Fall is traditionally the starting point for a new round of learning, with new goals and new experiences ahead. And it will be again this year. Sequoia’s Farm and Forest School guides children through experiences that ground them in Pacific Northwest cultural and environmental understanding. By spending time immersed in homesteading activities, environmental education, spending most of their time outdoors, interacting with and caring for animals, and field trips to natural habitats, kids will observe how they are a vital part of the cycle between humans, nature,  and where food comes from. What a fantastic way to spend the school year.

Farm and Forest School students help care for animal’s basic needs such as grooming, feeding and maintaining their environments. Photo courtesy: Sequoia’s Farm and Forest School

The school day will begin at Sequoia’s Treehouse for Before School Care or at the 4.11-acre Farm. Children ride to the Farm on a Sequoia’s Treehouse mini-bus or they can be directly dropped off at the Farm.  The day begins with a formal morning meeting. The children’s day is organized into activity sessions with lunch and snacks in between. Learning includes homesteading skills, environmental education, reading time, interacting with, and caring for animals, outdoor survival skills, field trips, as well as time for artistic and musical expression.

Science

Assessing the weather for the day helps us make decisions, so observing the meteorological sciences in our surroundings is an essential skill activity. “One of our main focuses every day at the Farm school will be to determine the weather,” says Sequoia Hartman, owner of Sequoia’s Farm and Forest School and Sequoia’s Treehouse. “I feel this is an essential skill when caring for gardens, planting, caring for animals, and taking care of your home, environment, and personal care.” Sequoia’s school has technological forecasting equipment which they use in their integrated learning style. “We will also take part in a daily skit after we’ve checked the sky for cloud formations, the wind and wind direction, temperature, precipitation, and barometer,” she continues. “Together we will keep a log of our daily determination and what actually occurred to see how accurate we are.  Then we will discuss what this means for the farm, the gardens and fields, the animals on the farm, and our own comfort and care.”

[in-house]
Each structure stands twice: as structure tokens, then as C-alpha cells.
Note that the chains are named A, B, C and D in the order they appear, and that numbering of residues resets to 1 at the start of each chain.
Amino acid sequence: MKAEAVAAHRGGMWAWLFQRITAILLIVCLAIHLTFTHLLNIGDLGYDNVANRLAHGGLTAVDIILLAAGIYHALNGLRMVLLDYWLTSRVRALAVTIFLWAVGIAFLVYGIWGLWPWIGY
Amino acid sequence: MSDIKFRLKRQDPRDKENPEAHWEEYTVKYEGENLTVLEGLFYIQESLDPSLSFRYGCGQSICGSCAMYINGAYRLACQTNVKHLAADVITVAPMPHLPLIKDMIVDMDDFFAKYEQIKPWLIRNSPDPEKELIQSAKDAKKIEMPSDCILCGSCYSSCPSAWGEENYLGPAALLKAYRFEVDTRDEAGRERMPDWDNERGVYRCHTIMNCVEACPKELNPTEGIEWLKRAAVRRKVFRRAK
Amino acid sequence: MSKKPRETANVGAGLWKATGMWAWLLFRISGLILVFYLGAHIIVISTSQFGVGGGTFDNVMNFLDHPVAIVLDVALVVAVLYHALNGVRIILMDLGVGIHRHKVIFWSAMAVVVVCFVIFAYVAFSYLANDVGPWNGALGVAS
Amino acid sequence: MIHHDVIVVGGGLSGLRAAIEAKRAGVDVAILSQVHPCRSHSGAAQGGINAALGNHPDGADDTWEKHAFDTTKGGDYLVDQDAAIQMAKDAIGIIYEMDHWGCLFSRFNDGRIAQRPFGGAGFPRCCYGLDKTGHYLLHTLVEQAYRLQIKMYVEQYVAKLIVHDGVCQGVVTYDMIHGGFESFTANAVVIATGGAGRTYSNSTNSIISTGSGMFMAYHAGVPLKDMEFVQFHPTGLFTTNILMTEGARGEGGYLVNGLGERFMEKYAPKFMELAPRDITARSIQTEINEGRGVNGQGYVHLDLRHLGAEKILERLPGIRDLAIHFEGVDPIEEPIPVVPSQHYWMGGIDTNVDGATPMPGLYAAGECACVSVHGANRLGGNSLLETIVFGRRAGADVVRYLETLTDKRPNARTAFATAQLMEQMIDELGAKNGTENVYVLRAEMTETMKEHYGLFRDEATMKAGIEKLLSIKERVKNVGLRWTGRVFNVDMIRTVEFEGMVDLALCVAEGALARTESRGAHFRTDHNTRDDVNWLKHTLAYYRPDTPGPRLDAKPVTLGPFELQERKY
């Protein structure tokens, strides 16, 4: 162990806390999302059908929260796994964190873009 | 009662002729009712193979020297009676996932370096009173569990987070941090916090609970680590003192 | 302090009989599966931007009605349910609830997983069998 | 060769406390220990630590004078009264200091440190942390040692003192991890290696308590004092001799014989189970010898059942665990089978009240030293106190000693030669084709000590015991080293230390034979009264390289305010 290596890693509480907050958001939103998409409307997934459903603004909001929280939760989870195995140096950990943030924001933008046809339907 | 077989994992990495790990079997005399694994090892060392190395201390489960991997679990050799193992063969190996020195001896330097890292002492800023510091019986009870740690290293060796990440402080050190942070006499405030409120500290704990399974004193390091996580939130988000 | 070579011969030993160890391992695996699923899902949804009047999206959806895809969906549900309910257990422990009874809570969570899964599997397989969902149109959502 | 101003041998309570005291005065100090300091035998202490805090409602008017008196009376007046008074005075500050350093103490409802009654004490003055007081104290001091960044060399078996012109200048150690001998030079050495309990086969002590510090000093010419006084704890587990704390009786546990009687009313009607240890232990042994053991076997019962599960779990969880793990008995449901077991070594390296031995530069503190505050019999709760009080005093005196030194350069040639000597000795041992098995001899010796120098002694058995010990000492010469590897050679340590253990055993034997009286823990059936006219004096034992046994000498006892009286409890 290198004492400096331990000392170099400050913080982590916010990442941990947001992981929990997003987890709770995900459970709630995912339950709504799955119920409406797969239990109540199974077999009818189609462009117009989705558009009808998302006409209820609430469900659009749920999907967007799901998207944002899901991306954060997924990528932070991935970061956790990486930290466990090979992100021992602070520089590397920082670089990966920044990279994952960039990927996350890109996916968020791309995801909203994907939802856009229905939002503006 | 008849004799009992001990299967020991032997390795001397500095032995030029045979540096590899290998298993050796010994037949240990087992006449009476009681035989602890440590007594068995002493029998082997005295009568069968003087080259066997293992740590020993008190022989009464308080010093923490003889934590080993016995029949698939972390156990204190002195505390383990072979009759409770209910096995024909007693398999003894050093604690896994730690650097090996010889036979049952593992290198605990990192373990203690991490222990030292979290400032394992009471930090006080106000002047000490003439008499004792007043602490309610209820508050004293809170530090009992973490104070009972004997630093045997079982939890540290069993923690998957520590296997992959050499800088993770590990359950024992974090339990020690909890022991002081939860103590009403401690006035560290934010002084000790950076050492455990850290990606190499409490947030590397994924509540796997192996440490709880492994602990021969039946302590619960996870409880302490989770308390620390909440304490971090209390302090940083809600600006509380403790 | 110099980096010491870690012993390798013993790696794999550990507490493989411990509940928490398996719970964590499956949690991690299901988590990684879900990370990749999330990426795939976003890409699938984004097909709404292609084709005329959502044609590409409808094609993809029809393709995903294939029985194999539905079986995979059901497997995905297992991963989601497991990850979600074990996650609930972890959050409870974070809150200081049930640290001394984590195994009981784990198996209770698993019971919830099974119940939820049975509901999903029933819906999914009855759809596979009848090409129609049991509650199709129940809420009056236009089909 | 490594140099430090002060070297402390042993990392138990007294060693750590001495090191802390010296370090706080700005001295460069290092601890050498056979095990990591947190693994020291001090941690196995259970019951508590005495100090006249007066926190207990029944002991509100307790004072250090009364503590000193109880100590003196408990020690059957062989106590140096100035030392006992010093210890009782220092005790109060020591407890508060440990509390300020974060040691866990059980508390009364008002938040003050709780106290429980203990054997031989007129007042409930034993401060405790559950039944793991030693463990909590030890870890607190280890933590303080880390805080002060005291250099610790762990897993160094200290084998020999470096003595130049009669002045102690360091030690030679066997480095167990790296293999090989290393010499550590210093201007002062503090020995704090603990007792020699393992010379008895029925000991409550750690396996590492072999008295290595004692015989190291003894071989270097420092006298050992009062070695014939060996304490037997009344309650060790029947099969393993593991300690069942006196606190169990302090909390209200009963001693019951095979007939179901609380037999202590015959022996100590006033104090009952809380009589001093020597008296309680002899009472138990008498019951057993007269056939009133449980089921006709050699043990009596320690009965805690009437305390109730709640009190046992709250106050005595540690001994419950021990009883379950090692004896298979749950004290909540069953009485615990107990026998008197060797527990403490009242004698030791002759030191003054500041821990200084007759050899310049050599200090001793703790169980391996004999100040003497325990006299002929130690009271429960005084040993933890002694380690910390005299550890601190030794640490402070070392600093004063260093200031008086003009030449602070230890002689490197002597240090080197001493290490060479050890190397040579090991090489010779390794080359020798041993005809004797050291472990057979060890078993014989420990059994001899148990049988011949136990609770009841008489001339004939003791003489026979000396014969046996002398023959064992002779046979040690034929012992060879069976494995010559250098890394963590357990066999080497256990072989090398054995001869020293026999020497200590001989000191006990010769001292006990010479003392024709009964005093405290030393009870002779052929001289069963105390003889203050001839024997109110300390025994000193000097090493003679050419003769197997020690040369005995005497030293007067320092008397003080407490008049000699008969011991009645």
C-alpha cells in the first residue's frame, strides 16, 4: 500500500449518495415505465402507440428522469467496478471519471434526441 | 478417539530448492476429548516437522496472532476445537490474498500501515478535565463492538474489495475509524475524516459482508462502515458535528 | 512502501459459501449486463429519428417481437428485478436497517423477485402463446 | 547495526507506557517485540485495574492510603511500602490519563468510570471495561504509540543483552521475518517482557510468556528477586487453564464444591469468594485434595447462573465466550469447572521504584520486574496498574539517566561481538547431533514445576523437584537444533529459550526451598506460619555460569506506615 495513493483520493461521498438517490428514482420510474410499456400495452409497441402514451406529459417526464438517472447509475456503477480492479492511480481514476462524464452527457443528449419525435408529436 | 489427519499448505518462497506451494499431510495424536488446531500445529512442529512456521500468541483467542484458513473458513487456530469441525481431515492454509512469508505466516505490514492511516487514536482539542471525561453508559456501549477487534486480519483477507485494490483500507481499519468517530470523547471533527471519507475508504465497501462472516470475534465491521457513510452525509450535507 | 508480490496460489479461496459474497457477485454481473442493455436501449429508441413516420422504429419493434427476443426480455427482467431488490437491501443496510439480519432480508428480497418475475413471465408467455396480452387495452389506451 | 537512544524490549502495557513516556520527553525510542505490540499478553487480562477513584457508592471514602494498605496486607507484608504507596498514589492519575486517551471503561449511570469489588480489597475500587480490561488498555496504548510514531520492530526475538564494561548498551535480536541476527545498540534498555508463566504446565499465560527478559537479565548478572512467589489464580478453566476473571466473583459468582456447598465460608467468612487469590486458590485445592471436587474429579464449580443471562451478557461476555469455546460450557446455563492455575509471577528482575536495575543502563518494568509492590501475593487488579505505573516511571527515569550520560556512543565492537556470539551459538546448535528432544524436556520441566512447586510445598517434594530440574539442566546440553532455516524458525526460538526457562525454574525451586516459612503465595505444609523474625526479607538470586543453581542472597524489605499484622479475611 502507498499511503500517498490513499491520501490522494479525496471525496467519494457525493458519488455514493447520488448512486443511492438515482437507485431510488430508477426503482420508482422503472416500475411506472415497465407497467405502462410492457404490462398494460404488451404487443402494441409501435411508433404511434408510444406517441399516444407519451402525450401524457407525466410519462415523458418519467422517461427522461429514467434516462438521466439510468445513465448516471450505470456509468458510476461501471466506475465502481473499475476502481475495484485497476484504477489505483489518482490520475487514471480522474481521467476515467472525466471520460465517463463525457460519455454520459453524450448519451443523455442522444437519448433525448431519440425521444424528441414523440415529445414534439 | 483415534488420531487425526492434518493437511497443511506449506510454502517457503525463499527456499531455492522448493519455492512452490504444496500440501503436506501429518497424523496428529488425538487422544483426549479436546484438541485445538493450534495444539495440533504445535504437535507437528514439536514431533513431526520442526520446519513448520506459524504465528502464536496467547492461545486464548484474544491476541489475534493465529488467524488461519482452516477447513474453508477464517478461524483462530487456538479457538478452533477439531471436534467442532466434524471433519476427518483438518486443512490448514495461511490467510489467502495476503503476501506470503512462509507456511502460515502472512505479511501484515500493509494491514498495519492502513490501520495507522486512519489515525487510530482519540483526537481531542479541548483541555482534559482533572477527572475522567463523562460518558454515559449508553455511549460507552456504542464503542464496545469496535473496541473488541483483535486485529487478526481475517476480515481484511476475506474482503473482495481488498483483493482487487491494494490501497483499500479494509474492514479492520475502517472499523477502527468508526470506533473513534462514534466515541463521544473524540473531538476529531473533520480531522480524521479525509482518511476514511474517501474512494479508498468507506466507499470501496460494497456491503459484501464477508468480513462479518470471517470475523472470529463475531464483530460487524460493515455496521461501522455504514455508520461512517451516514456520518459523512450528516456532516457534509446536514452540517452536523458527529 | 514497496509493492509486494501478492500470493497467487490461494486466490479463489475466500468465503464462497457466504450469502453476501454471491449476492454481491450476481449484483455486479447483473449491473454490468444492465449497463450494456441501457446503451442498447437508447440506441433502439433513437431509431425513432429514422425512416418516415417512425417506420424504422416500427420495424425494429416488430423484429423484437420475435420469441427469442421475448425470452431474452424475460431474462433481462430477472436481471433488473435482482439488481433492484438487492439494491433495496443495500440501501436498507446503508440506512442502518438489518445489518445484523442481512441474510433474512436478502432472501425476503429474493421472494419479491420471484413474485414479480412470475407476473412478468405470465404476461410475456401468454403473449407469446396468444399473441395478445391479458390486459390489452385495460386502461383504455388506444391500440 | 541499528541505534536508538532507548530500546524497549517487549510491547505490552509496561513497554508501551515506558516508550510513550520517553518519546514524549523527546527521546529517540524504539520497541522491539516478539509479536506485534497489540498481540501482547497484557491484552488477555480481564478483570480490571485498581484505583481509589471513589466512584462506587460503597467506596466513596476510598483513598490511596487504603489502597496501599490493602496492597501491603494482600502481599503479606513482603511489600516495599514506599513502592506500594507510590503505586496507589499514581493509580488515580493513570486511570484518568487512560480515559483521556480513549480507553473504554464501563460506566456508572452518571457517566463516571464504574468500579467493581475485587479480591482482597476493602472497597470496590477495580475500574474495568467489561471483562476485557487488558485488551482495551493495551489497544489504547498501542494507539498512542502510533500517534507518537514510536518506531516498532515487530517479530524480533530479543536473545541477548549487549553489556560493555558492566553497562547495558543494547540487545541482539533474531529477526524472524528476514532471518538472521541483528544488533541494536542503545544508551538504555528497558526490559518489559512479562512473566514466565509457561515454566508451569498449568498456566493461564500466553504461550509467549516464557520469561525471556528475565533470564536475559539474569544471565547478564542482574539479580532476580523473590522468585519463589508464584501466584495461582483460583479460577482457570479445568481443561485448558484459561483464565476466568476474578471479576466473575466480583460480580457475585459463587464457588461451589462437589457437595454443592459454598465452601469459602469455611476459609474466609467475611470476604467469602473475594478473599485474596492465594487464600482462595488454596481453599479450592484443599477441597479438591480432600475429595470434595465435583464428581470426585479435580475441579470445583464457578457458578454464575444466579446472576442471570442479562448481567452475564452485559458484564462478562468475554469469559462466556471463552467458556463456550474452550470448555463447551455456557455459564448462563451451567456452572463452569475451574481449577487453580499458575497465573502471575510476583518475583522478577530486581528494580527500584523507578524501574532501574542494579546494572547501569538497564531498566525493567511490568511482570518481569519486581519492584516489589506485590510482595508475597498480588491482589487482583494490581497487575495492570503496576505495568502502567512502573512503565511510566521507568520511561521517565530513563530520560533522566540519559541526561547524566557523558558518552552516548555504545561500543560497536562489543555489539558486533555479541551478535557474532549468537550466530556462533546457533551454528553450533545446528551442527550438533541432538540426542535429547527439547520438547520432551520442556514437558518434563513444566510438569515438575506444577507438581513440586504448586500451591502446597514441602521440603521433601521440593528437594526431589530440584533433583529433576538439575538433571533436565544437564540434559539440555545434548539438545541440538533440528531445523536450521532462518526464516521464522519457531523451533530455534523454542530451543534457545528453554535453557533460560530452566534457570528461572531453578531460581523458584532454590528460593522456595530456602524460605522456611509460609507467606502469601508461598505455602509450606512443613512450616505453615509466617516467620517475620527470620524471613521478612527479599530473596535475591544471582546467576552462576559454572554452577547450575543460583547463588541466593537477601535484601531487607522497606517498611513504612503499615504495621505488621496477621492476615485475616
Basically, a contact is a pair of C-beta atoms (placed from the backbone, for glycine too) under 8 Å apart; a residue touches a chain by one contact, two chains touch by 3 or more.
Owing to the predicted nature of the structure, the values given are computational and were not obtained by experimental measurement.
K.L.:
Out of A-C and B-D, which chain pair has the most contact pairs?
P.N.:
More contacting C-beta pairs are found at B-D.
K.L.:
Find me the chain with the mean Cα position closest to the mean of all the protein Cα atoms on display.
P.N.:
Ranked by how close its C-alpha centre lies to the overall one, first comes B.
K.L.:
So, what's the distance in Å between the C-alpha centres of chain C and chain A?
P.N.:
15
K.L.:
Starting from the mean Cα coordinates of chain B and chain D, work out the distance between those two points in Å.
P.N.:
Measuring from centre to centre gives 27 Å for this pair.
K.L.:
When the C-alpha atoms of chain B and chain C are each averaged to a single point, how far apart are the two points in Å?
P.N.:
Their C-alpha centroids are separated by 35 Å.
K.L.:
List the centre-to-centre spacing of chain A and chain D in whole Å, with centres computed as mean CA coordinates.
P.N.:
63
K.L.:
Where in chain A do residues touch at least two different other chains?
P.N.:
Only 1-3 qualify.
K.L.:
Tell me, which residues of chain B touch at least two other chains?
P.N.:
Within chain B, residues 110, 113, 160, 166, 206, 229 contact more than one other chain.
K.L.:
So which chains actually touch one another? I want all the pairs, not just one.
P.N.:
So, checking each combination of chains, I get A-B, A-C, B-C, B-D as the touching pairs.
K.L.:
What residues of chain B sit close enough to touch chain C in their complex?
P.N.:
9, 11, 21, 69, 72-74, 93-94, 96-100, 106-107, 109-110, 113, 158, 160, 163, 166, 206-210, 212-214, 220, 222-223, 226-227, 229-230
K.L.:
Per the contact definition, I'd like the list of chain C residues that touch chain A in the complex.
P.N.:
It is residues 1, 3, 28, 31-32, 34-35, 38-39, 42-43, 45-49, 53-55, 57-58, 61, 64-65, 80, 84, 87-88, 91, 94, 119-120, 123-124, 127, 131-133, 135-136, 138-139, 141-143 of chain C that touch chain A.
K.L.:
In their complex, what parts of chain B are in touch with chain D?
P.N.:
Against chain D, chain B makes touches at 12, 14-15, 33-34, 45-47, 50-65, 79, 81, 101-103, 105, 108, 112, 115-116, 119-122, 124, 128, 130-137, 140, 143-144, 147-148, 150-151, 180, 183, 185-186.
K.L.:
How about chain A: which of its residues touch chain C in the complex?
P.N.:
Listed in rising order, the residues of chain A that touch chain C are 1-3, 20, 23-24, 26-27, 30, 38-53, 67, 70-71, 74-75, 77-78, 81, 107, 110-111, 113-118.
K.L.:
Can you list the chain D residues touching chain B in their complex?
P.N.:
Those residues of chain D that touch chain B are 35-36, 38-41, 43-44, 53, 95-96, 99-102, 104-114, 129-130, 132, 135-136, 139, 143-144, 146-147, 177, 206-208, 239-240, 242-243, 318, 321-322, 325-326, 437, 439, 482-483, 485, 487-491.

Cross-Curricular Homesteading Activities

Skills such as weaving and knitting, woodworking, pickling, drying fruit or meat, learning to cook using Dutch oven, helping to build a new cob oven, sewing may be on the day’s agenda. Building and creative construction require children to practice goal setting, planning for steps and gathering appropriate materials. Projects, like a cob oven—a dome oven made from mud and grass—are educational and fulfilling. Kids get to experience the whole process from preconstruction to post-pizza topping, perhaps with veggies from the garden they also helped tend. Reading directions and using teamwork are essential to project implementation. Calculations and measurements are made, tactile and spatial awareness is nurtured. More than just an oven is built, confidence is too, as the children learn that they can build something and use it to feed themselves.